In re Betts, Bankruptcy No. 91 B 21706

Decision Date07 January 1993
Docket NumberBankruptcy No. 91 B 21706,Adv. No. 92 A 00325.
Citation149 BR 891
CourtU.S. Bankruptcy Court — Northern District of Illinois

Ruth A. Howes, Chicago, IL, for Attorney Registration and Disciplinary Com'n of the Supreme Court of Illinois.

Kenneth A. Kozel, LaSalle, IL, for John A. Betts, debtor-defendant.


JOHN H. SQUIRES, Bankruptcy Judge.

This matter comes before the Court on cross motions for summary judgment pursuant to Federal Rule of Civil Procedure 56, incorporated by reference in Federal Rule of Bankruptcy Procedure 7056. For the reasons set forth herein, the Court having considered all the pleadings and exhibits attached thereto, hereby grants the motion for summary judgment filed by the Attorney Registration and Disciplinary Commission of the Supreme Court of Illinois ("ARDC") and denies the motion filed by defendant John A. Betts ("Betts").


The Court has jurisdiction to entertain these motions for summary judgment pursuant to 28 U.S.C. § 1334 and General Rule 2.33(A) of the United States District Court for the Northern District of Illinois. This matter constitutes a core proceeding under 28 U.S.C. § 157(b)(2)(I).


On October 11, 1991, the Debtor, a practicing Illinois attorney, filed a pro se Chapter 7 petition. Many of the relevant facts and background are contained in an earlier Opinion authored by the Court. See Attorney Registration & Disciplinary Com. of Supreme Court v. Betts, 142 B.R. 819, 822 (Bankr.N.D.Ill.1992). On March 20, 1992, ARDC filed the instant adversary proceeding to determine dischargeability of a debt pursuant to 11 U.S.C. § 523(a)(7). The complaint alleges, inter alia, that ARDC is the agency established by the Supreme Court of Illinois pursuant to Ill.Rev.Stat. ch. 110(A), para. 751 et seq., to investigate and prosecute allegations of attorney misconduct. The complaint further alleges that the Debtor was licensed to practice law in the state of Illinois and was suspended for a six-month period back in May, 1986 for engaging in attorney misconduct, and was investigated and prosecuted by ARDC. Copies of the relevant Supreme Court of Illinois opinions and orders were attached to the complaint. Additionally, the complaint asserts that Illinois Supreme Court Rule 773 provides that an attorney who is the subject of a disciplinary proceeding that results in the imposition of discipline has a duty to reimburse ARDC for costs incurred. The complaint asserts that ARDC, in conjunction with the investigation and prosecution of the matter which led to the Debtor's suspension, incurred costs in the amount of $3,833.06, which was the subject of an order by the Supreme Court of Illinois entered on June 25, 1991, assessing costs against the Debtor, entering a judgment against him in said amount, and ordering him to pay same within thirty days thereafter. Moreover, the complaint claims that the judgment is unpaid and constitutes a fine, penalty or forfeiture payable to and for the benefit of ARDC as a governmental unit, and accordingly is nondischargeable pursuant to section 523(a)(7).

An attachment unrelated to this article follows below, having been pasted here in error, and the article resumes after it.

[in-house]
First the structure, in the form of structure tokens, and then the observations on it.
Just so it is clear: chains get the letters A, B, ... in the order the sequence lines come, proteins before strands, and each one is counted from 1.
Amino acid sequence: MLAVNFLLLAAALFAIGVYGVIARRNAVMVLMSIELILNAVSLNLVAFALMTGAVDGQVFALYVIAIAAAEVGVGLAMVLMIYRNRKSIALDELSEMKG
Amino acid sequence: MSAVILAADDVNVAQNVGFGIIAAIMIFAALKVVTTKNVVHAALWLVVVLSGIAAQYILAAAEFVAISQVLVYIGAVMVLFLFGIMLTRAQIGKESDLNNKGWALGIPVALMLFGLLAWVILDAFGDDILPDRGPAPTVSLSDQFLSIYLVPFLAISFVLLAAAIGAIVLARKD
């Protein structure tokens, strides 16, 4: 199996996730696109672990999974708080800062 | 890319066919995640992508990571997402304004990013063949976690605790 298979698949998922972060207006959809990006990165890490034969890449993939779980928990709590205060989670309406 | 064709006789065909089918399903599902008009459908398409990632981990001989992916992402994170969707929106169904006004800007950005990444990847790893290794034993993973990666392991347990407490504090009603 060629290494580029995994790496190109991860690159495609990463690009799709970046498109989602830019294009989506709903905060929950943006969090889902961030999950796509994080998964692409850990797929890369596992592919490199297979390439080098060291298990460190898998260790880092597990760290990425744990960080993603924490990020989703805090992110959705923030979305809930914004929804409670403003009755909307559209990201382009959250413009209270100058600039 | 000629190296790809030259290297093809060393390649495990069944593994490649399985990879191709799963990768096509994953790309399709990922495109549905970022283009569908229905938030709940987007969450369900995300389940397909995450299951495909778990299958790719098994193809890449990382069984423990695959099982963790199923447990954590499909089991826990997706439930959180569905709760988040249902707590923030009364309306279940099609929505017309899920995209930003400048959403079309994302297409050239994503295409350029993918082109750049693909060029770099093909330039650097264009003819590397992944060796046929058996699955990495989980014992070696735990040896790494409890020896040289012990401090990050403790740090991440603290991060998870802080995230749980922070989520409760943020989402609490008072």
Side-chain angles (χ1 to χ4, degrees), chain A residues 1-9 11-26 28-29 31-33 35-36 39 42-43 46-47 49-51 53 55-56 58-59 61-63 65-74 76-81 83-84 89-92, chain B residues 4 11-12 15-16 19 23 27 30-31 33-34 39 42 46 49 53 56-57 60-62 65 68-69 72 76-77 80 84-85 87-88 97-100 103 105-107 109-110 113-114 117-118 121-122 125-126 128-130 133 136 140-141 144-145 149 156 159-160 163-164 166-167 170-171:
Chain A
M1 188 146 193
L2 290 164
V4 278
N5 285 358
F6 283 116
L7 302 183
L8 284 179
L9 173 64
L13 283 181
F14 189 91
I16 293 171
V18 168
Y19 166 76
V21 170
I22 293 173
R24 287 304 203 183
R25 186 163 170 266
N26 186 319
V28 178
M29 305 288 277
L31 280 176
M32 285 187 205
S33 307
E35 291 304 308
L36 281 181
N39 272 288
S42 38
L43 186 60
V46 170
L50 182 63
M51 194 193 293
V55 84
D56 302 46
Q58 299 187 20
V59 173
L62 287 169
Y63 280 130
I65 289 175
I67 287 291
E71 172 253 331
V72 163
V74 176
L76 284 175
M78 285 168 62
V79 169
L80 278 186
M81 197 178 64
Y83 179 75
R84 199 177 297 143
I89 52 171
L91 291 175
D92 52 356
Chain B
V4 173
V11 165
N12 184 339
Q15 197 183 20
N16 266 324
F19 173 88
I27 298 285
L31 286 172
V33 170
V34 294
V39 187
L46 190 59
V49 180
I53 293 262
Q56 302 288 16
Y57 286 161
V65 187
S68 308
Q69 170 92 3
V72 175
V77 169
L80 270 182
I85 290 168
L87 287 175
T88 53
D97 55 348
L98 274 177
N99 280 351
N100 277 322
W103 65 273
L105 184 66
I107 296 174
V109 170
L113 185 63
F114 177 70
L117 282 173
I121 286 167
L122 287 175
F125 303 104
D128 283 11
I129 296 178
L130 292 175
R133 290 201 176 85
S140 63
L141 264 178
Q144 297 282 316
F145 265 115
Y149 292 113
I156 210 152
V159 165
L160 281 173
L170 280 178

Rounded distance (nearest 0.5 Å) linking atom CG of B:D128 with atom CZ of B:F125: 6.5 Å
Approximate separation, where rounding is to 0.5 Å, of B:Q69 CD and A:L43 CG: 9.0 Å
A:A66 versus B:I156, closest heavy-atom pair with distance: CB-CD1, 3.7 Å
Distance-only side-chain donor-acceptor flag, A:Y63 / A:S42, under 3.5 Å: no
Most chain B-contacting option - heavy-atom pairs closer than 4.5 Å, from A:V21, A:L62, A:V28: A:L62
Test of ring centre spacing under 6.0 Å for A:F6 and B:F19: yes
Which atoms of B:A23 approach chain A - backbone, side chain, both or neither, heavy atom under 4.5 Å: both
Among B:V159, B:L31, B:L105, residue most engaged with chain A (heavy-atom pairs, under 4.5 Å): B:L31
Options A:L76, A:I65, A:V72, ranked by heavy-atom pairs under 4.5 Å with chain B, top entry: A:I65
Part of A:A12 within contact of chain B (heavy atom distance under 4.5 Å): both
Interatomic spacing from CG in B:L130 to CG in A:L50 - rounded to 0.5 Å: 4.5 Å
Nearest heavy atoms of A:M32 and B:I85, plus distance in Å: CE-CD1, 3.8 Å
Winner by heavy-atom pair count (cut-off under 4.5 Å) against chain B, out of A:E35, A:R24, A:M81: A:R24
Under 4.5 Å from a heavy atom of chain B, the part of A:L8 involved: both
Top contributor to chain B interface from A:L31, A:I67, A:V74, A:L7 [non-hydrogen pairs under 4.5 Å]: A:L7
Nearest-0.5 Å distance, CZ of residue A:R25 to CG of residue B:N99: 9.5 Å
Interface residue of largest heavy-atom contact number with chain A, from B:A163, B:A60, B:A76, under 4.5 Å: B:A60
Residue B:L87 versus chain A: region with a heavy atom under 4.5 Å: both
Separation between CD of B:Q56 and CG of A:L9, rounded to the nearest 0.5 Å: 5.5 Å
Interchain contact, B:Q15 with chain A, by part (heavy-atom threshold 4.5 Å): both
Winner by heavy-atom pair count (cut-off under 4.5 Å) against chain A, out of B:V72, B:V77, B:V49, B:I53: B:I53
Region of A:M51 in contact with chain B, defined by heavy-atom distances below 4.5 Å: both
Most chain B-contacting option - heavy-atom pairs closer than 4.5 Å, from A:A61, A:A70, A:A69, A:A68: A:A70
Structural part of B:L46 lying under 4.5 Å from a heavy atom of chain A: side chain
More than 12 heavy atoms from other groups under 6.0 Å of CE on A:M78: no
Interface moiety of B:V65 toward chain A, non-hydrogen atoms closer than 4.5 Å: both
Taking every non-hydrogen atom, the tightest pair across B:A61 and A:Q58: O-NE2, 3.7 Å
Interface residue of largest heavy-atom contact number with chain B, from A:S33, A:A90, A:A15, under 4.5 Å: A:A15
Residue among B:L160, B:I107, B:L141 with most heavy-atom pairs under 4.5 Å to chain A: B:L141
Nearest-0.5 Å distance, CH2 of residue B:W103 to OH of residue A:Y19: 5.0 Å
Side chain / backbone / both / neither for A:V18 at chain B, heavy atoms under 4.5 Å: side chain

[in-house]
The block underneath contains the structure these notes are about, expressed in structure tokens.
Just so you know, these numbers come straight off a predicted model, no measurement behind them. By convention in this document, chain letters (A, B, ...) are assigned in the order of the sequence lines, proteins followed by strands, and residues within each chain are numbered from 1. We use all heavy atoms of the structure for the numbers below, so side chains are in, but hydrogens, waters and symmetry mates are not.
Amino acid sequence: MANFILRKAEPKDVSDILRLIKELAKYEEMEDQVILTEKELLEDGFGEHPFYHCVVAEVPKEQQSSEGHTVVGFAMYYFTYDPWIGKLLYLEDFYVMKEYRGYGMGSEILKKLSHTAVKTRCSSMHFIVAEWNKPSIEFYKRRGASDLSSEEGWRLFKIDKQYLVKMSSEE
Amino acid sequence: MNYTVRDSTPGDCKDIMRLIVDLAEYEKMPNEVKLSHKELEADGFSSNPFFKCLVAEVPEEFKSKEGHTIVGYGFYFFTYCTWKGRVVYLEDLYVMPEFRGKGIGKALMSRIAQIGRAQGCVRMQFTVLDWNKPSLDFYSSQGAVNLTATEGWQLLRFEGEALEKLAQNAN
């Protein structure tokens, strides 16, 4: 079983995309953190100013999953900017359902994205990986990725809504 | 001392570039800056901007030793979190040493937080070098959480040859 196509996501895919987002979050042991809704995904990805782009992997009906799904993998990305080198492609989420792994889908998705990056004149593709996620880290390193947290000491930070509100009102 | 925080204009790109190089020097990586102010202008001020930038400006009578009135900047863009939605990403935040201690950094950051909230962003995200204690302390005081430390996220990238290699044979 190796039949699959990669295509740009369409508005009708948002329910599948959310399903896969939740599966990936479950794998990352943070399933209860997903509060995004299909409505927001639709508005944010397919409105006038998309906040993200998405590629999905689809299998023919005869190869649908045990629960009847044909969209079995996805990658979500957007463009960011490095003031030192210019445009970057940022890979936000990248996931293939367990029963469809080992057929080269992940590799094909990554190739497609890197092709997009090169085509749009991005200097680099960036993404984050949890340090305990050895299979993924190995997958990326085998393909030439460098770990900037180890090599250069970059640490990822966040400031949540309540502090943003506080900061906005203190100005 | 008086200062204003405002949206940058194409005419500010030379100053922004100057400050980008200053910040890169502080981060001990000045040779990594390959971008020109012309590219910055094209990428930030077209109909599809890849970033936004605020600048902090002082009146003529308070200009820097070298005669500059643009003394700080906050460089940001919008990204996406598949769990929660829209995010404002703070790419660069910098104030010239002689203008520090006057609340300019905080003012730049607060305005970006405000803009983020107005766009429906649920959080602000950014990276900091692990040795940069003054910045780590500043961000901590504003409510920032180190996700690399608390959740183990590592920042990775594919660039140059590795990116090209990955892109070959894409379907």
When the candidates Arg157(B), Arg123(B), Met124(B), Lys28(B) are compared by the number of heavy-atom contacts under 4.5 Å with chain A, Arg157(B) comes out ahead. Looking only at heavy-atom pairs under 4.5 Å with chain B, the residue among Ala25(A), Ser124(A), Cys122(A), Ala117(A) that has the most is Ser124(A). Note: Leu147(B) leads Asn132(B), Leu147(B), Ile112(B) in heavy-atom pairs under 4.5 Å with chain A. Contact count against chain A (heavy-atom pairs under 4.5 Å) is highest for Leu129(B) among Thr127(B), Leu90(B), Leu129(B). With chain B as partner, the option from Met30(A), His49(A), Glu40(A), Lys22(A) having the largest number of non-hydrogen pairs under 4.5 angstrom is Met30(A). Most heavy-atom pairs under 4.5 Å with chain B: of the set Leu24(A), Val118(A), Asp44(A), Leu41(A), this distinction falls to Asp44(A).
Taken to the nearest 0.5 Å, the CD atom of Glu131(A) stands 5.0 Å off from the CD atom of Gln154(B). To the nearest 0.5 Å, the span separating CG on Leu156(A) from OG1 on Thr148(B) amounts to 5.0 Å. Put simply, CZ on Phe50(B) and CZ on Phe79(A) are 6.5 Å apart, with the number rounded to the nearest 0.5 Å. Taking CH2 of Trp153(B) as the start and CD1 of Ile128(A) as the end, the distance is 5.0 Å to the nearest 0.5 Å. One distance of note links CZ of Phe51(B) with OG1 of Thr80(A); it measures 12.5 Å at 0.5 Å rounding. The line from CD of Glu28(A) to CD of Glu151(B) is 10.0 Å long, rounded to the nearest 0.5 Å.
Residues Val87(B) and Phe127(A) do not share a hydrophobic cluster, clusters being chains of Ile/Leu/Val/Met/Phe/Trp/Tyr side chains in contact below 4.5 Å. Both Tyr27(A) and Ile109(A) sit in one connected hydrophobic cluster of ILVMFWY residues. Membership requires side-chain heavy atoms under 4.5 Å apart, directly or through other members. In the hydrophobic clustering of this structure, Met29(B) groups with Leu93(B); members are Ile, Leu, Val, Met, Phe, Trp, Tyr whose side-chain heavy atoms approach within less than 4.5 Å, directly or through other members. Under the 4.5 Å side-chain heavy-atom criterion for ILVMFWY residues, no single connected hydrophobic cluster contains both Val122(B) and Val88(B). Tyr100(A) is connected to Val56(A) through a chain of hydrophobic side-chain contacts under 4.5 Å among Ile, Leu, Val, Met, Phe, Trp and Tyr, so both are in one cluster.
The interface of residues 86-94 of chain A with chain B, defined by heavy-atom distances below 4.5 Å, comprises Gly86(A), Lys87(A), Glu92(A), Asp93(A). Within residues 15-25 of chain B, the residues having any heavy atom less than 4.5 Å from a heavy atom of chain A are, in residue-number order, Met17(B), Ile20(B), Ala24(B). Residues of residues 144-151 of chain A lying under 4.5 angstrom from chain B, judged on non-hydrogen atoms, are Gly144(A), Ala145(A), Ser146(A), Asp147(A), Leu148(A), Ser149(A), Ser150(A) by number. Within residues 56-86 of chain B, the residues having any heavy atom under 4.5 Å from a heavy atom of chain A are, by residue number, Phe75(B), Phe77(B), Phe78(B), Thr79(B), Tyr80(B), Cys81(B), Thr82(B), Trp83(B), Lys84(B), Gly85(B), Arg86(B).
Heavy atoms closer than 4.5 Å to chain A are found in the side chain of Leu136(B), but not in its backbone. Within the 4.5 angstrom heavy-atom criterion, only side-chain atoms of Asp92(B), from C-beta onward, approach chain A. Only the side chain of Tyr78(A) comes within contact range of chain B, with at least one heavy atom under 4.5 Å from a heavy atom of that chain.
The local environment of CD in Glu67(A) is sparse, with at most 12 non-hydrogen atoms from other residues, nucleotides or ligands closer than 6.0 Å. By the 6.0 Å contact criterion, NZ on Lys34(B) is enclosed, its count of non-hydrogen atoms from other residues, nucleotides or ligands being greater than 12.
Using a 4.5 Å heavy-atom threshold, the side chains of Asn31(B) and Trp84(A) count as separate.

In his answer, Betts admits that he was suspended from the practice of law for six months by the Supreme Court of Illinois. (Answer to Complaint, ¶ 4, p. 2). He also admits that a judgment for disciplinary costs was entered against him by the Supreme Court of Illinois in favor of ARDC. (Answer to Complaint, ¶ 11, p. 3). Further, Betts admits that he has not paid any part of the $3,833.06 judgment. Id. Betts denies, however, that Illinois Supreme Court Rule 773 applies to him, and that the Supreme Court of Illinois had authority to enter the judgment against him pursuant to Rule 773. In addition, Betts sets forth several affirmative defenses, including that he was denied a right to a hearing, and thus deprived of his due process rights; the Illinois Supreme Court lacked subject matter and personal jurisdiction over Betts; Rule 773 had not been enacted at the time of the disciplinary proceedings involving Betts; attorney disciplinary proceedings are not criminal in nature and thus no fifth amendment rights to due process are available; the alternatives of discipline available do not provide for a monetary penalty in the event of a finding of misconduct, thus costs could never be a fine, penalty or forfeiture; and the costs which ARDC claims to be due are for an actual pecuniary loss, not a penalty against Betts.